Africa COVID-19 Update: Revisiting Policy Responses and the Long Road to Recovery

Thumbnail Image
Ndung’u, Njuguna
Shimeles, Abebe
Journal Title
Journal ISSN
Volume Title
This brief looks at the experiences of the past four months in dealing and coping with COVID-19 pandemic in Africa and reflects on the responses governments have made in their fight against the pandemic and assesses how the dramatic steps such as restrictions on mobility of people, ‘lockdowns’, were effective in slowing down infections. Our assessment of the lockdowns shows patterns of strong compliance by citizens with significant variation by the number of confirmed cases and level of development. Countries that experienced higher number of cases and are relatively richer (they have the capability to mount a social protection program) witnessed large reductions in movement of people from their normal routine than those with lower confirmed cases or poorer economies. Reductions in mobility seem to have reduced infection rates, but the magnitude was not that large. A one standard deviation reduction in mobility (about 25%) was associated with 2.8 % reduction in infection rates. Generally, lockdowns (proxies for social distancing) accounted for 25% of the variation in infection rates in Africa. Other preventive measures such as the use of masks, frequent handwashing, and use of sanitizers remain very important, though quantifying the magnitude of their impact is difficult. We argue that lockdown is increasingly less popular and imposing it for extended period is an untenable strategy for many countries. We have also documented that even at the early stage its effectiveness is highly correlated with the institutional strength of a country, particularly in the area of political stability and adherence to the rule of law. Hence, the road ahead points towards developing public trust in following government guidelines and overhauling the health care financing system, including reforming its reach to the masses and increase its readiness to deal effectively with the pandemic. It is also time to rethink about the necessity of building an effective social protection program on the foundations of existing social and religious networks that have proved vital during this pandemic. More importantly, the developments of digital payments platform have been effective and efficient with social protection programs for countries that used them.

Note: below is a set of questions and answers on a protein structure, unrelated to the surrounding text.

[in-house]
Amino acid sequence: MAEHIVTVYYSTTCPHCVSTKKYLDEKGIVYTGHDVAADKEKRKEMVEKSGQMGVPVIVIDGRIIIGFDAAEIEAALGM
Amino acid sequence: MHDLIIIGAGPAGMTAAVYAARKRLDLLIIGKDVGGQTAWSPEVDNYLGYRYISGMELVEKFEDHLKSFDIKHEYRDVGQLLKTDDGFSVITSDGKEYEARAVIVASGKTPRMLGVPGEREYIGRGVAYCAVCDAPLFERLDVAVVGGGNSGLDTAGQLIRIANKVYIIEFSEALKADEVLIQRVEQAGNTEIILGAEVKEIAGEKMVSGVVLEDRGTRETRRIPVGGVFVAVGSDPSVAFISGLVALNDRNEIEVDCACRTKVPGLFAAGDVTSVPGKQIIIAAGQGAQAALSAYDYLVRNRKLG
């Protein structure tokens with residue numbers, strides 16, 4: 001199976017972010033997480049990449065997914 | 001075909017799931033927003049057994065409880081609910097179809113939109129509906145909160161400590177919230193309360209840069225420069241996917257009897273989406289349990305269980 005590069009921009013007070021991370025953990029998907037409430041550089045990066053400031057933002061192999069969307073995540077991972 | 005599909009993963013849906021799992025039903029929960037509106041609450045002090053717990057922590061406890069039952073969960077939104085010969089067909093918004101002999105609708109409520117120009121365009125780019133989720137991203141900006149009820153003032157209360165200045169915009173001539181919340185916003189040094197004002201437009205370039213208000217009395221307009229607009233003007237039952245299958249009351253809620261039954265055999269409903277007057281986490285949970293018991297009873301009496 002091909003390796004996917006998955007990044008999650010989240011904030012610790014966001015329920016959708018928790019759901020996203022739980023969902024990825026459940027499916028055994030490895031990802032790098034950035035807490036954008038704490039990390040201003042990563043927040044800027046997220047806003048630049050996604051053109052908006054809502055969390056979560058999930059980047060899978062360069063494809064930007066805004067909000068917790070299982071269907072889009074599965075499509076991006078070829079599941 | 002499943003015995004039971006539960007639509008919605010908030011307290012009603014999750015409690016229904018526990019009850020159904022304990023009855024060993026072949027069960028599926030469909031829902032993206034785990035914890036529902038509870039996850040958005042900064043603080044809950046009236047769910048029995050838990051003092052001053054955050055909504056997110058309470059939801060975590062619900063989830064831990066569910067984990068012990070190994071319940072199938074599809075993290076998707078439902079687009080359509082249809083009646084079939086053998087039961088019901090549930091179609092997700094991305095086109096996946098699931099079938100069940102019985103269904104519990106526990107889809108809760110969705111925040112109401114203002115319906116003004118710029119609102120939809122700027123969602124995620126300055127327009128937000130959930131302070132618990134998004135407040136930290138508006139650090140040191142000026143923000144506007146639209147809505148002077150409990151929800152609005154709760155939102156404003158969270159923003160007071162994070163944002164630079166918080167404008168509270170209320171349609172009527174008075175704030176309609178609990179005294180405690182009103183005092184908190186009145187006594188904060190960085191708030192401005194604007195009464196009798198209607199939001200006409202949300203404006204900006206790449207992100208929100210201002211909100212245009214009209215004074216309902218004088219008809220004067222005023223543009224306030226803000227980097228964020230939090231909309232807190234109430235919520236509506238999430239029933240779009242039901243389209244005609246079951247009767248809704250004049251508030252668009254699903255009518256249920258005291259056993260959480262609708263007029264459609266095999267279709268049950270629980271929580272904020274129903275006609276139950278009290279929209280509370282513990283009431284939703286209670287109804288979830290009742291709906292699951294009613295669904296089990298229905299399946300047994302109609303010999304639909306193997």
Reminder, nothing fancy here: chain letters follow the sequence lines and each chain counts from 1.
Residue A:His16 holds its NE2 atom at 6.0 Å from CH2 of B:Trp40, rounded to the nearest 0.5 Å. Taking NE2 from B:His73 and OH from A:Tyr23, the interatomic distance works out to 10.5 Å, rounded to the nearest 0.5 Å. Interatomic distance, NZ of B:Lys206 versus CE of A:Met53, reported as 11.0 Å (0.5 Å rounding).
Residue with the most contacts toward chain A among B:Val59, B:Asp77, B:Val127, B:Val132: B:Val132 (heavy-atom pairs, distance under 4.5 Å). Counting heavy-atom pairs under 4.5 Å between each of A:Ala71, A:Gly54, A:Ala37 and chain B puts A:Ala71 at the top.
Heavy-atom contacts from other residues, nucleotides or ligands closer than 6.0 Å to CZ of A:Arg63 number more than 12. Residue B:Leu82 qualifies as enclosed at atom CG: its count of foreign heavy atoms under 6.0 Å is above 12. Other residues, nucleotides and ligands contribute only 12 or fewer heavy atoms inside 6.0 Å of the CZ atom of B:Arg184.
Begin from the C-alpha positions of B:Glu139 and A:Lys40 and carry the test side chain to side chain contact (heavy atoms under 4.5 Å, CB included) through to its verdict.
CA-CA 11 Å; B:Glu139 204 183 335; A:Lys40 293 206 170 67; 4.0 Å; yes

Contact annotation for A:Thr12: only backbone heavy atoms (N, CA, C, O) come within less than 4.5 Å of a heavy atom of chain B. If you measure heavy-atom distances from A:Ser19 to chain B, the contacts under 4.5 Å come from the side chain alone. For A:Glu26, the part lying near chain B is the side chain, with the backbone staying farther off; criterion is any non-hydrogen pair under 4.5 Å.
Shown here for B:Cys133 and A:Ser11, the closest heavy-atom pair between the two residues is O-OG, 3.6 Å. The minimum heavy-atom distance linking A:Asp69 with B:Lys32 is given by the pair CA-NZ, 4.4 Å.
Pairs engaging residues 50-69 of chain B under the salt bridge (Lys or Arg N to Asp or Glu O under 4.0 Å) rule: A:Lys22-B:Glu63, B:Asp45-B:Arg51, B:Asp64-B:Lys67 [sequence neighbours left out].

Policy Briefs